A report in the Sunday Times suggests that Ed Vaizey is asking for Big Lottery Fund money for withdrawn libraries.  While it is nice that the Minister Invisibly In Charge Of Libraries is showing an interest, it shows his weakness, and the direness of the current situation, that he is begging for money. 
Mind you, withdrawn branches need all the help they can get.  Have a look at the figures in the table below from Lewisham to see how libraries that were council-run last year are now doing when withdrawn from council control.  The words “Community Library” in this table, incidentally, does not mean a local public library but rather that it is no longer being run by the council:

The outsourced branches on average experienced a decline of 73% in book issues over one year.  Of course, this figure is skewed – there’s been upheaval in those libraries recently taken over by different organisations (a computer recycling company, an elderly people’s charity and, in New Cross, a bona fide library user’s co-operative) which has doubtless depressed things a little.  As has whatever “initial difficulties with data collection” means.  However, a loss of three-quarters seems excessive.  Something else is going on here rather than problems due to change of management.  Nor do the problems in Lewisham stop there. In those not outsourced (leaving out the non-comparable Torridon Road and Wavelengths figures) the decline was still an amazingly poor 18%.  The warning below the figures suggests that there have been staff cuts and the installation of self-service machines but, still 18%?  Perhaps they’re not buying new books this year as well. For national comparison, the CIPFA figures for 2010/11 showed a decline of only 2.3%.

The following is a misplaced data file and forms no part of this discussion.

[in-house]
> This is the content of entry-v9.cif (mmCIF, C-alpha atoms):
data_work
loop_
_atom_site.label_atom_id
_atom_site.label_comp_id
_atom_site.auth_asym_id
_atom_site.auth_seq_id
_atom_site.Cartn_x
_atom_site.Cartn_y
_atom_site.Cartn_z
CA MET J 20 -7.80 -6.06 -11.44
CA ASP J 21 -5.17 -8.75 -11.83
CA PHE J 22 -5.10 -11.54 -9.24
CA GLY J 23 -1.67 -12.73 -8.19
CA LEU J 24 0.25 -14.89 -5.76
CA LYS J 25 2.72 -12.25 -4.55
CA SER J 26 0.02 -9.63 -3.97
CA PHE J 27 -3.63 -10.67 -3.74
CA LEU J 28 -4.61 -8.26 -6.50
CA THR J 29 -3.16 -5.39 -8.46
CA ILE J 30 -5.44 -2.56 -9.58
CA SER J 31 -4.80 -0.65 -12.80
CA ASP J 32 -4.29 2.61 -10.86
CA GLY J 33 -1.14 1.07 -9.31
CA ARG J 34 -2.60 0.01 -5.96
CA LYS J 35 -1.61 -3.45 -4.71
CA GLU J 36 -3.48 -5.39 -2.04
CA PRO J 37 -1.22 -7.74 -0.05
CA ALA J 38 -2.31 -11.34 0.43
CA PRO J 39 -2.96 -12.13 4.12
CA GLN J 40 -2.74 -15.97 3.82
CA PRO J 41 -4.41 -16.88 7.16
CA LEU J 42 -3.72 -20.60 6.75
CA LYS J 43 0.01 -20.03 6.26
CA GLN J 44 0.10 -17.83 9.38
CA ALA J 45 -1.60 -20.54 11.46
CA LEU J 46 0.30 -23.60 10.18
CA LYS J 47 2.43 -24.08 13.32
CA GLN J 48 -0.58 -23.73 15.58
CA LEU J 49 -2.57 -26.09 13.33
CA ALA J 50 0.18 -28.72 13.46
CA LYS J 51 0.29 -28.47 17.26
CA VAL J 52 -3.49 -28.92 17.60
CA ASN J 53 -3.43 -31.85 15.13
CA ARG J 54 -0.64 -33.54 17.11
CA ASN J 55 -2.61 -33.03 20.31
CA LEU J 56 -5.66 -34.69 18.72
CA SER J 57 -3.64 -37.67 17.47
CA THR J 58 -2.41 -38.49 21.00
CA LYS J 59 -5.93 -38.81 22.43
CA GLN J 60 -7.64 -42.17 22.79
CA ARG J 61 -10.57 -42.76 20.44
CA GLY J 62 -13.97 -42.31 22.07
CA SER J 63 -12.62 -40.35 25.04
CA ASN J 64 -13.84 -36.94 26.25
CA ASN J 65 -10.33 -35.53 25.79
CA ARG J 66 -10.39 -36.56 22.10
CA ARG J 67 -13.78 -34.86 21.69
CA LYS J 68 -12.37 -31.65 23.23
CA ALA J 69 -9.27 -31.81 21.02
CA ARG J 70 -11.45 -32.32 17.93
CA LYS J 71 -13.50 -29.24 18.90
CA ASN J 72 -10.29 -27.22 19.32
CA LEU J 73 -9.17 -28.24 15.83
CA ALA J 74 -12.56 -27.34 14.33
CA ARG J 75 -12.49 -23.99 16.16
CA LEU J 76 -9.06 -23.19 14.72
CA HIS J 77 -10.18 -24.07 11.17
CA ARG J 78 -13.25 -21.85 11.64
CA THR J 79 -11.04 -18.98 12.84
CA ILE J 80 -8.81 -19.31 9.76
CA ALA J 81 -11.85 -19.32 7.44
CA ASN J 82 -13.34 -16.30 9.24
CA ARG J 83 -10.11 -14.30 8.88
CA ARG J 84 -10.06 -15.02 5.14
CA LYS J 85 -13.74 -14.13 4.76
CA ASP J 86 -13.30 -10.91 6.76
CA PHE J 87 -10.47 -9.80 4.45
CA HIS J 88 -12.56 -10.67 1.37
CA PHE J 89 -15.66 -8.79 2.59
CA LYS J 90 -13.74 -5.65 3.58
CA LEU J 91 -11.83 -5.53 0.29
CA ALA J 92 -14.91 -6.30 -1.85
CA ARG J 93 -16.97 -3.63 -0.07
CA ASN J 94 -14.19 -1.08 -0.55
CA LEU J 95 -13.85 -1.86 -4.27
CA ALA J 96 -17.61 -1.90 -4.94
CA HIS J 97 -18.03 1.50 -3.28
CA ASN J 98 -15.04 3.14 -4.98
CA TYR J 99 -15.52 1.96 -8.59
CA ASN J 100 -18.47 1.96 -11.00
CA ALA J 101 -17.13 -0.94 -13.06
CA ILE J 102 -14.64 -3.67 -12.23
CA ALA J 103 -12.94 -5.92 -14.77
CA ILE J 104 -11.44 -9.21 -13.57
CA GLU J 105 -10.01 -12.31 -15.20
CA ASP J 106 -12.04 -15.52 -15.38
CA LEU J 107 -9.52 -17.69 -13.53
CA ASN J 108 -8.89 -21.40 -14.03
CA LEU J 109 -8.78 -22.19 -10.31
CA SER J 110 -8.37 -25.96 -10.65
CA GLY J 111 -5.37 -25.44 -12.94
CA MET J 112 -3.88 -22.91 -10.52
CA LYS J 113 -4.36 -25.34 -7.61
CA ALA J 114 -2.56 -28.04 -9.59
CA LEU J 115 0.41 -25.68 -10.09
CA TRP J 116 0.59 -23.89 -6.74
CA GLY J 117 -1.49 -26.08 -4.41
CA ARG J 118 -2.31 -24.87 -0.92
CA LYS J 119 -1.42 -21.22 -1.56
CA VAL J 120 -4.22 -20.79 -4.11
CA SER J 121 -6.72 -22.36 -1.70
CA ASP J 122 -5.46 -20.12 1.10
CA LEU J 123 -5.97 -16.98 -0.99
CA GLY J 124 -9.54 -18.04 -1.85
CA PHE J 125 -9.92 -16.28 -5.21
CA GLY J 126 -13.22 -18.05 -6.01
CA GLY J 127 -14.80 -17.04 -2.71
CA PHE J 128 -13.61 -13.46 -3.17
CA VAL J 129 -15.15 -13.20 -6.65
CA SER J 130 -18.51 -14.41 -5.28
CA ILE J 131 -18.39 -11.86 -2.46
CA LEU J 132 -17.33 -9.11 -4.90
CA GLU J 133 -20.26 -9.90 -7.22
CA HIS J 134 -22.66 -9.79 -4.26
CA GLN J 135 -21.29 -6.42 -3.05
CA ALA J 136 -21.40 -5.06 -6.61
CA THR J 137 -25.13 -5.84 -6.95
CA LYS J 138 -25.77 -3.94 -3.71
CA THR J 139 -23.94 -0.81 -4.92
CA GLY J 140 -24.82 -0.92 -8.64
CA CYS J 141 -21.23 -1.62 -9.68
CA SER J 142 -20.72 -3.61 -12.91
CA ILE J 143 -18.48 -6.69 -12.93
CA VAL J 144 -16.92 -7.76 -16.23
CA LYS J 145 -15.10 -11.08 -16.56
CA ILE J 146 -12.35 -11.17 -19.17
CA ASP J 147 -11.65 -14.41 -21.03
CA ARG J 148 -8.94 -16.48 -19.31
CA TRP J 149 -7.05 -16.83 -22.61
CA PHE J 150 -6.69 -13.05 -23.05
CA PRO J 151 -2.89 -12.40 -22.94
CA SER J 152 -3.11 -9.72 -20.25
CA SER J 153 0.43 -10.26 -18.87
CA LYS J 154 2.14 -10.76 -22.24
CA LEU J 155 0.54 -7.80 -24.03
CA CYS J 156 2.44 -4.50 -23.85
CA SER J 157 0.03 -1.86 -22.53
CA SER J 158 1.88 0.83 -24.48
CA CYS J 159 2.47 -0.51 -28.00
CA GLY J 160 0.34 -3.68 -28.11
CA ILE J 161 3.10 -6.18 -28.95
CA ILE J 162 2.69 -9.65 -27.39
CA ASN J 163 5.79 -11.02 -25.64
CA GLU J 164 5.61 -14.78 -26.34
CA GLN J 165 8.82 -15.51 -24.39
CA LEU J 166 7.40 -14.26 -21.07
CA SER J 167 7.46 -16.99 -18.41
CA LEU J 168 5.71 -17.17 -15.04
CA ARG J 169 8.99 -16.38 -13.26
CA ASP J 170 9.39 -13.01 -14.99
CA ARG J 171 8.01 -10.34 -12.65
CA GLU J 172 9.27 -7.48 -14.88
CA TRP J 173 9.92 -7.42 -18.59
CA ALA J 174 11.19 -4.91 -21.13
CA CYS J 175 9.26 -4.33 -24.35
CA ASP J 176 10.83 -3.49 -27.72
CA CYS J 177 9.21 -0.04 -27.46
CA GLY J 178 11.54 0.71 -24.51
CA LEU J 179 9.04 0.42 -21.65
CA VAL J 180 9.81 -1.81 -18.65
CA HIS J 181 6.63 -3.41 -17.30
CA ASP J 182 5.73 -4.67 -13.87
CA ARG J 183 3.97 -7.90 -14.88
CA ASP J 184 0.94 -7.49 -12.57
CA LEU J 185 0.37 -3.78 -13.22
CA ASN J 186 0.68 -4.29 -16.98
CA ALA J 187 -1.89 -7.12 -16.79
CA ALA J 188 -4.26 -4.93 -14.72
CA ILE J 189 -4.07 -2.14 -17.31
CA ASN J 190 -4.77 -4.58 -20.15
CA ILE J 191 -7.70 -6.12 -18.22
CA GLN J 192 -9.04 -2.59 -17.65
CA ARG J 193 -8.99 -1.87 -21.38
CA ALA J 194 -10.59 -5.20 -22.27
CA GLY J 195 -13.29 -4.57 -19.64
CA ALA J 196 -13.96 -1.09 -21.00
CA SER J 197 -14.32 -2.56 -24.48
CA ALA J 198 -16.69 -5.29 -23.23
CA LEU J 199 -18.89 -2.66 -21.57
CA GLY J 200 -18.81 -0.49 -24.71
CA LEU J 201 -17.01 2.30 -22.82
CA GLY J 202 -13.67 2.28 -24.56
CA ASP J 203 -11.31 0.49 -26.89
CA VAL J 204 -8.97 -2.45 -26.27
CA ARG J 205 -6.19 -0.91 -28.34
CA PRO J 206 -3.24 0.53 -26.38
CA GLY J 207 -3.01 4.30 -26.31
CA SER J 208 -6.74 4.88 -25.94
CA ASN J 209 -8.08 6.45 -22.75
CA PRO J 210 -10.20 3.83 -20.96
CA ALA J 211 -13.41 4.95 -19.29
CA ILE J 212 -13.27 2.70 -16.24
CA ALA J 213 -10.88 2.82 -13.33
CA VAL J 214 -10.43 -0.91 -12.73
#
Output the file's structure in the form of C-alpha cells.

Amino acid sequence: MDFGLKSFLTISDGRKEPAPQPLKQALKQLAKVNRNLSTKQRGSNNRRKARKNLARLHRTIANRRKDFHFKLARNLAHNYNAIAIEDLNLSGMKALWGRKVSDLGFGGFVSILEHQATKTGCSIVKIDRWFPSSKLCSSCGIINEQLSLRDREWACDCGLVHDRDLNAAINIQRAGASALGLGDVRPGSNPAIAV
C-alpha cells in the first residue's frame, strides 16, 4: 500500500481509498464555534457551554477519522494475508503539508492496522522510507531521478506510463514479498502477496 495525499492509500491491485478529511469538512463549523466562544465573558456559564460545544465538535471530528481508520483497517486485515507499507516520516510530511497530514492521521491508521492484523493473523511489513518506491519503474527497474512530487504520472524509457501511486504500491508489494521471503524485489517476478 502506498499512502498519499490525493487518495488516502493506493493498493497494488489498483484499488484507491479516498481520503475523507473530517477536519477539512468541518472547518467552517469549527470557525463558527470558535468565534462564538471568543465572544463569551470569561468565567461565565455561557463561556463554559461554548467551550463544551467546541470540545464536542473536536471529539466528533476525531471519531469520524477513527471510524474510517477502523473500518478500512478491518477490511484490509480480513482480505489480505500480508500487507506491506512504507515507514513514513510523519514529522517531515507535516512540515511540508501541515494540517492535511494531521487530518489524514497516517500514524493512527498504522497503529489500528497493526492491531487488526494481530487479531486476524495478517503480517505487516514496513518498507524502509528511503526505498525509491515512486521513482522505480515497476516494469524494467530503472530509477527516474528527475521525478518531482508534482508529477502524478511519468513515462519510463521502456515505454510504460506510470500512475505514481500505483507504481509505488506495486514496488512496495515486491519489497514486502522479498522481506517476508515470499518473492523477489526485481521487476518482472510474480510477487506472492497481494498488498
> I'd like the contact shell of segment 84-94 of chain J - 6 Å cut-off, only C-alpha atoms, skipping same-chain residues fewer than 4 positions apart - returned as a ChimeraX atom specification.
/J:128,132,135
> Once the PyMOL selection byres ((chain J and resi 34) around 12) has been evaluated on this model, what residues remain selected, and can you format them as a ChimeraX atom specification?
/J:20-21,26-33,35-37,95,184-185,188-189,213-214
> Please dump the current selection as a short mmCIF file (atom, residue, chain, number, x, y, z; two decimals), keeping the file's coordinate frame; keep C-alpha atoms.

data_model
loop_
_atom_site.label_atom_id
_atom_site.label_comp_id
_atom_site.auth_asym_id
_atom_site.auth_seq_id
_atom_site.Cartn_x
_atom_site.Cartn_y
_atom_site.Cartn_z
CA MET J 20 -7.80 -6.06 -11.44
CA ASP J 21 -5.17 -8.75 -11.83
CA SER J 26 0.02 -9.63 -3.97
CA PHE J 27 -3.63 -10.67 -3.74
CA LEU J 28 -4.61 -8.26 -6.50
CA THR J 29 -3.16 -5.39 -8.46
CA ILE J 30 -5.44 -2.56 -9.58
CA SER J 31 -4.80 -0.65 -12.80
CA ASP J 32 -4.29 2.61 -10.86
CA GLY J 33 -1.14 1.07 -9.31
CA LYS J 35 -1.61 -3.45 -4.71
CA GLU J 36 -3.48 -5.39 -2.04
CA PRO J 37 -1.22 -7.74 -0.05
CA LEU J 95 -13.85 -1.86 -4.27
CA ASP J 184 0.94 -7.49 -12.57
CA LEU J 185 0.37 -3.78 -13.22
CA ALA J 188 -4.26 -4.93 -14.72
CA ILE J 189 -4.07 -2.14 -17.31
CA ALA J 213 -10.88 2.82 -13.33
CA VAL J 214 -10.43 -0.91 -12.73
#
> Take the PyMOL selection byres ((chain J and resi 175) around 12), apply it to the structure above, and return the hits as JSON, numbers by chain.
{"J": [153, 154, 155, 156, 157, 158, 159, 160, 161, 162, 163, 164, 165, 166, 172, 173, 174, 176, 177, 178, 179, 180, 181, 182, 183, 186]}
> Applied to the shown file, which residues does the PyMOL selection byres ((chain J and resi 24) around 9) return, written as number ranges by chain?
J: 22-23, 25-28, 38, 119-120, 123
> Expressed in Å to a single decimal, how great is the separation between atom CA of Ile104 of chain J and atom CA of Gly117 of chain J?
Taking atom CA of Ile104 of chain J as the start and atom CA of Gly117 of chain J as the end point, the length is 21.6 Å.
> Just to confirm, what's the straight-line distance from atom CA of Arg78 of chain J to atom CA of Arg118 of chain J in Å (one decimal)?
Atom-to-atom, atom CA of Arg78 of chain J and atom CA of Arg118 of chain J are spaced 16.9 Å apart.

Another point from these figures is that the previous users of the withdrawn libraries do not appear to be using the other branches.  This suggests that public library provision is effectively being lost to those in the neighbourhoods where the council has decided to retreat from managing branches, raising concerns for the whole model, at least in the form practised in Lewisham.